Ash Fox is a professional proposal planner and photographer.
Since she started her business in 2012, she’s helped plan and photograph almost 1,000 marriage proposals.
Her favourite part of her job is seeing a proposal executed from start to finish. She enjoys being a part of an amazing moment, she told Business Insider. “These days, people feel like there’s no such thing as romance anymore and that chivalry is dead, but these clients are really making it happen.”
In her experience so far, no one has ever said no.
Fox works with clients from all over the world. From the time they contact her asking for ideas to the moment they get down on one knee, she’s there through it all.
This is 30-year-old Ash Fox. She grew up in Bridgewater, New Jersey and attended college at NYU. She graduated in 2009 with a Bachelors in Fine Arts and has worked as a photographer ever since.
Fox has worked with couples of all backgrounds, ethnicities, sexualities, and ages 18 through 80. She estimates that 75% of her clients have come from outside of New York City, so she often works through Skype and phone calls to plan their big moment.
Most people who are proposing come to Fox for her experience -- she is able to act as a mentor and coach for her clients, guiding them through the whole process.
One thing she knew for certain when she graduated college was that she didn't want to get a full-time job that would pay very little and allow her no creative freedom.
She began her photography career shooting late-night rock and roll parties. 'I made it my goal every night to get a really great portrait of everyone at the party,' she said.
She received so many compliments on her portraits that she realised there might be a different, better use of her skills.
Juggling almost 10 jobs at a time, she re-marketed herself and began photographing corporate and family events like Bar and Bat Mitzvahs and small weddings.
One day she was asked to shoot a proposal in Central Park. At first, she was taken aback. 'I thought to myself, we're really entering this super narcissistic way of taking photos of everything and allowing nothing to be a private moment,' she said.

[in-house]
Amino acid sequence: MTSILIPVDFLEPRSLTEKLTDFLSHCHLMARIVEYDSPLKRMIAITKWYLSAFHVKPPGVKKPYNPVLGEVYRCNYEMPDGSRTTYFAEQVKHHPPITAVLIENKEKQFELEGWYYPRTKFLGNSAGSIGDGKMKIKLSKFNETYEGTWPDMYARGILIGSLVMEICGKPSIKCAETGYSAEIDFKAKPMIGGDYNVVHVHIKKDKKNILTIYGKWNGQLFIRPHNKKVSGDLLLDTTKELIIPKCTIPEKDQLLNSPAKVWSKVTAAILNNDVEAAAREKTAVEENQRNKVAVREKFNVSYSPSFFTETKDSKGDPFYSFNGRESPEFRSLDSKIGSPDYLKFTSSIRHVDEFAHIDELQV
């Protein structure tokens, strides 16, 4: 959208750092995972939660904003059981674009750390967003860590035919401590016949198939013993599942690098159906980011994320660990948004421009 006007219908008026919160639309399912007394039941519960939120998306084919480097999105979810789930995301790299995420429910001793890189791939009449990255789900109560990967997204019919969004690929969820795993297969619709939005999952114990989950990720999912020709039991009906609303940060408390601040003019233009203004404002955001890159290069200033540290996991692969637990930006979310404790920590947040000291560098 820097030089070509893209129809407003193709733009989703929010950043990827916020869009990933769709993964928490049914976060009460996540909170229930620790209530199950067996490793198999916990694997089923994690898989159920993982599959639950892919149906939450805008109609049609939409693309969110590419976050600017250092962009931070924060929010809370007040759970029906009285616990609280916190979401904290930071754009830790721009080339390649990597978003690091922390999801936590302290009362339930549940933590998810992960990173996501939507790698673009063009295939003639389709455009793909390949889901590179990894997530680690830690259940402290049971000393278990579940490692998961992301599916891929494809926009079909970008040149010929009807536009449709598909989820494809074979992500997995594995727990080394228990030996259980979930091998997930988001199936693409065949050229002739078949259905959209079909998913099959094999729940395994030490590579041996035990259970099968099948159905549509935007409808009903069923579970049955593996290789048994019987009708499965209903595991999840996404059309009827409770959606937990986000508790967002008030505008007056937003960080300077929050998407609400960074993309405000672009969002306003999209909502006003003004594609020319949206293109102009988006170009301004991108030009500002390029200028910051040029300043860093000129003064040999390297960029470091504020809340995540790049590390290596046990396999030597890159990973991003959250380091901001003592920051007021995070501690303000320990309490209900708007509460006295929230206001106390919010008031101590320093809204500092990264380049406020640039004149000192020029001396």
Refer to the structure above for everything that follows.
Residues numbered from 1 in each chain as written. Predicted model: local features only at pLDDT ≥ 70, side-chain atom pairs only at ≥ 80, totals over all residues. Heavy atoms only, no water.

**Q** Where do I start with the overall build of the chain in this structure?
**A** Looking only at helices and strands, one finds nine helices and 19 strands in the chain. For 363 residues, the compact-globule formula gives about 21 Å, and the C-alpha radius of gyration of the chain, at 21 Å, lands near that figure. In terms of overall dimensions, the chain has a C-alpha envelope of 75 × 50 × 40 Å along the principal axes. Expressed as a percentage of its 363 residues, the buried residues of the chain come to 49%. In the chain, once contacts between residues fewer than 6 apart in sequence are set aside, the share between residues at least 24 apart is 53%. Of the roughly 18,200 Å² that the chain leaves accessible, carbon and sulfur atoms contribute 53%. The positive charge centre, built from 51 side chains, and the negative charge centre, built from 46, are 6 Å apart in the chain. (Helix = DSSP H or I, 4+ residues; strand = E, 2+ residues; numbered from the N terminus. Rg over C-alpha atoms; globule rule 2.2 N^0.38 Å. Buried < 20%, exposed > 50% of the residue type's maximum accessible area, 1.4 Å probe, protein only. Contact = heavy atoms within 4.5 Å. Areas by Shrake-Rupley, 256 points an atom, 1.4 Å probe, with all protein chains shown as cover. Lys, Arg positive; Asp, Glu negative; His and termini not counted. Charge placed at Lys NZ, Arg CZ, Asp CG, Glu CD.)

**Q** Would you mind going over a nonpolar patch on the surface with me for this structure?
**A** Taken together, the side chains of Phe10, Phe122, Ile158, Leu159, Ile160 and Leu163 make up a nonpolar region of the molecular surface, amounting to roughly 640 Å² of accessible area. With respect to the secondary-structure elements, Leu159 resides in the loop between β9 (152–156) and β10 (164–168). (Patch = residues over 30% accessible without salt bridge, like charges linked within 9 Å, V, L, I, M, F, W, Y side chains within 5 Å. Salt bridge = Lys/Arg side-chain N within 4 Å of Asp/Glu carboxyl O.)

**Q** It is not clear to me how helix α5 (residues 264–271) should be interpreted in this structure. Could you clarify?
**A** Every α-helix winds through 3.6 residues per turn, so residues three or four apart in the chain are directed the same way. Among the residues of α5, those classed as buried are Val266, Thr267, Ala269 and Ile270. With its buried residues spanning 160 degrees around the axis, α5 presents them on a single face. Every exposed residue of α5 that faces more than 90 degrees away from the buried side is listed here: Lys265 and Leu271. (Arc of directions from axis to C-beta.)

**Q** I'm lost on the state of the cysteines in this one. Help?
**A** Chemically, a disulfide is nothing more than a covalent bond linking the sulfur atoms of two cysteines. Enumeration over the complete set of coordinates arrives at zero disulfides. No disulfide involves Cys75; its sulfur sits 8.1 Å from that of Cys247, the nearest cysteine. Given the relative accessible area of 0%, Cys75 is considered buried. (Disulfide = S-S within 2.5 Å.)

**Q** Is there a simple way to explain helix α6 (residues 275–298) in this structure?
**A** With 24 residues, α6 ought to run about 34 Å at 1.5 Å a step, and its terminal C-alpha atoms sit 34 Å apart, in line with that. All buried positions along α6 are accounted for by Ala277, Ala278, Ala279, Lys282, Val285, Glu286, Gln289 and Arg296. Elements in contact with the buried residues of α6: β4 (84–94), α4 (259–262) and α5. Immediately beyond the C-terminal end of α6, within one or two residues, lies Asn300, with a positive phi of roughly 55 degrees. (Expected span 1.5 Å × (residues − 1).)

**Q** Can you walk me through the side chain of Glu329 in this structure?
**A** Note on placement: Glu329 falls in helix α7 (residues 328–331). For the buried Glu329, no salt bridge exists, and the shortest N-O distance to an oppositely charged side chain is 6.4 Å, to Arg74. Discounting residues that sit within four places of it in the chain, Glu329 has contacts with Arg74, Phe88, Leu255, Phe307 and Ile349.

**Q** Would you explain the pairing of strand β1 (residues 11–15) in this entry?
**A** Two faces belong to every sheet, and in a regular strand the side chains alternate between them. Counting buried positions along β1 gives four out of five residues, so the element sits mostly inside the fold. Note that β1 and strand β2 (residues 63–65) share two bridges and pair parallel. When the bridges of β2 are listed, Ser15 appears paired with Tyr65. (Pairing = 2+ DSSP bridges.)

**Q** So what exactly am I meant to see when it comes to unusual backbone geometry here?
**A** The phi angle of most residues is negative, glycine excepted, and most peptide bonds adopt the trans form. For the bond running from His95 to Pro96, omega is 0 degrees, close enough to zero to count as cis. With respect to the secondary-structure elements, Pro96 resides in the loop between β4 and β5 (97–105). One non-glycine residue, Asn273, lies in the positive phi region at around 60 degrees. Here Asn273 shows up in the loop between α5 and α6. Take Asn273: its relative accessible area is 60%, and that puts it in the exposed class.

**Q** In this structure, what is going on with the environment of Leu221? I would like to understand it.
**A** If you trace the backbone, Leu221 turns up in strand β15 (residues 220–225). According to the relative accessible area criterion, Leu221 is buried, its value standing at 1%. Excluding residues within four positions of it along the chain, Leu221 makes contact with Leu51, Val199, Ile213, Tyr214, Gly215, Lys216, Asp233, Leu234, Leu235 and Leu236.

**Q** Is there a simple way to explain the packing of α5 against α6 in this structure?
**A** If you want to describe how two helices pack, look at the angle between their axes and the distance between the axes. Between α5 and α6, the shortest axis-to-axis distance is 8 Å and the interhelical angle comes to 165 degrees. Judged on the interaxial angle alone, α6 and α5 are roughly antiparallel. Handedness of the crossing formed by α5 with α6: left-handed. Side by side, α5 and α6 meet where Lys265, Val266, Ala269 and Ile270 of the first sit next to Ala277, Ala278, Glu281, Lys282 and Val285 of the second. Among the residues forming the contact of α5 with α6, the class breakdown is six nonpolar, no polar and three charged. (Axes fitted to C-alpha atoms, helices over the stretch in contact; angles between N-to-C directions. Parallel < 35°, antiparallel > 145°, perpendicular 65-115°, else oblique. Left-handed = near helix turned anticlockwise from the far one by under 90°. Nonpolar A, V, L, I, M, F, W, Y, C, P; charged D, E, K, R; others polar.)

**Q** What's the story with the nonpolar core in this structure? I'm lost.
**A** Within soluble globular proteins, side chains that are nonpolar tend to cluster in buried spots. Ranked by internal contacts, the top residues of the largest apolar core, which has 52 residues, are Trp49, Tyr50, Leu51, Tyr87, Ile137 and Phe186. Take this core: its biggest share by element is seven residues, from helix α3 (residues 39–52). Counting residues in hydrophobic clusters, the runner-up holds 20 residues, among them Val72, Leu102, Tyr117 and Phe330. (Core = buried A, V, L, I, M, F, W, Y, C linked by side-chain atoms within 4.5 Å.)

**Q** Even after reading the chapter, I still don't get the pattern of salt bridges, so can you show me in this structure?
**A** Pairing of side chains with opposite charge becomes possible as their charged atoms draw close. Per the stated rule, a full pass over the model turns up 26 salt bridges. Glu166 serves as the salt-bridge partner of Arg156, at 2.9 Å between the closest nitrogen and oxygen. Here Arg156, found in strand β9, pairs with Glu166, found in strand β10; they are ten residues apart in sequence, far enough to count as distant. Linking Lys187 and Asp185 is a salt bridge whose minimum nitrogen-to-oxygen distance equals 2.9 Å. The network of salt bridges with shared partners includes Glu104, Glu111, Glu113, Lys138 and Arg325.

But after the shoot, she changed her mind. 'A proposal is more romantic than a wedding because it's an intimate moment between just you and your loved one,' she said. 'It's not a performance -- it's about the two of you.'
Soon after, she was asked to do another. She quickly realised people needed help not only with the pictures, but with making sure the proposal goes off without a hitch.
When a grateful mother of a groom-to-be told Fox how touched she was to have her son's proposal pictures, she also said something that reassured Fox she was on the right path: 'This is what you're meant to do.' 'I call her my 'Proposal Fairy Godmother,'' Fox said.
As far as her rates, Fox works with the client's budget. 'I'm not looking to take huge cuts,' she said. 'I need to cover my cost, but I can maximise a person's budget with whatever they have. I have a lot of packages under $1,000.'
The first thing she asks is whether her clients have an idea, or are looking to her for advice. 'Some people have very clear ideas, and others have no idea and say, 'Tell me the most romantic thing I can do,'' she said. 'Then I ask if their significant other is a more public or private person, and we get a little deeper.'
Fox reminds her clients to stick to their gut. 'There are times a client will say to me, 'I want these specific people there.' Or they will say to me, 'Their family and friends really want to be there.' I'll tell him or her, 'Is that what you want? Or is that what your partner wants?''
She has three tips to remember when planning the proposal of your significant other's dreams: First, know what your partner might like. 'You should not be proposing if you don't have a sense of who they are, and have some idea of what they might like,' she said.
Second, Fox insists you get down on one knee. 'A proposal is not a proposal if you're not down on your knee! If you're standing, it takes away from the drama and romance of this special moment,' she said.
Lastly, Fox suggests enlisting outside help -- if not a proposal planner or photographer, at least ask a family member or friend how they proposed, including any insight on what did or didn't make it special.
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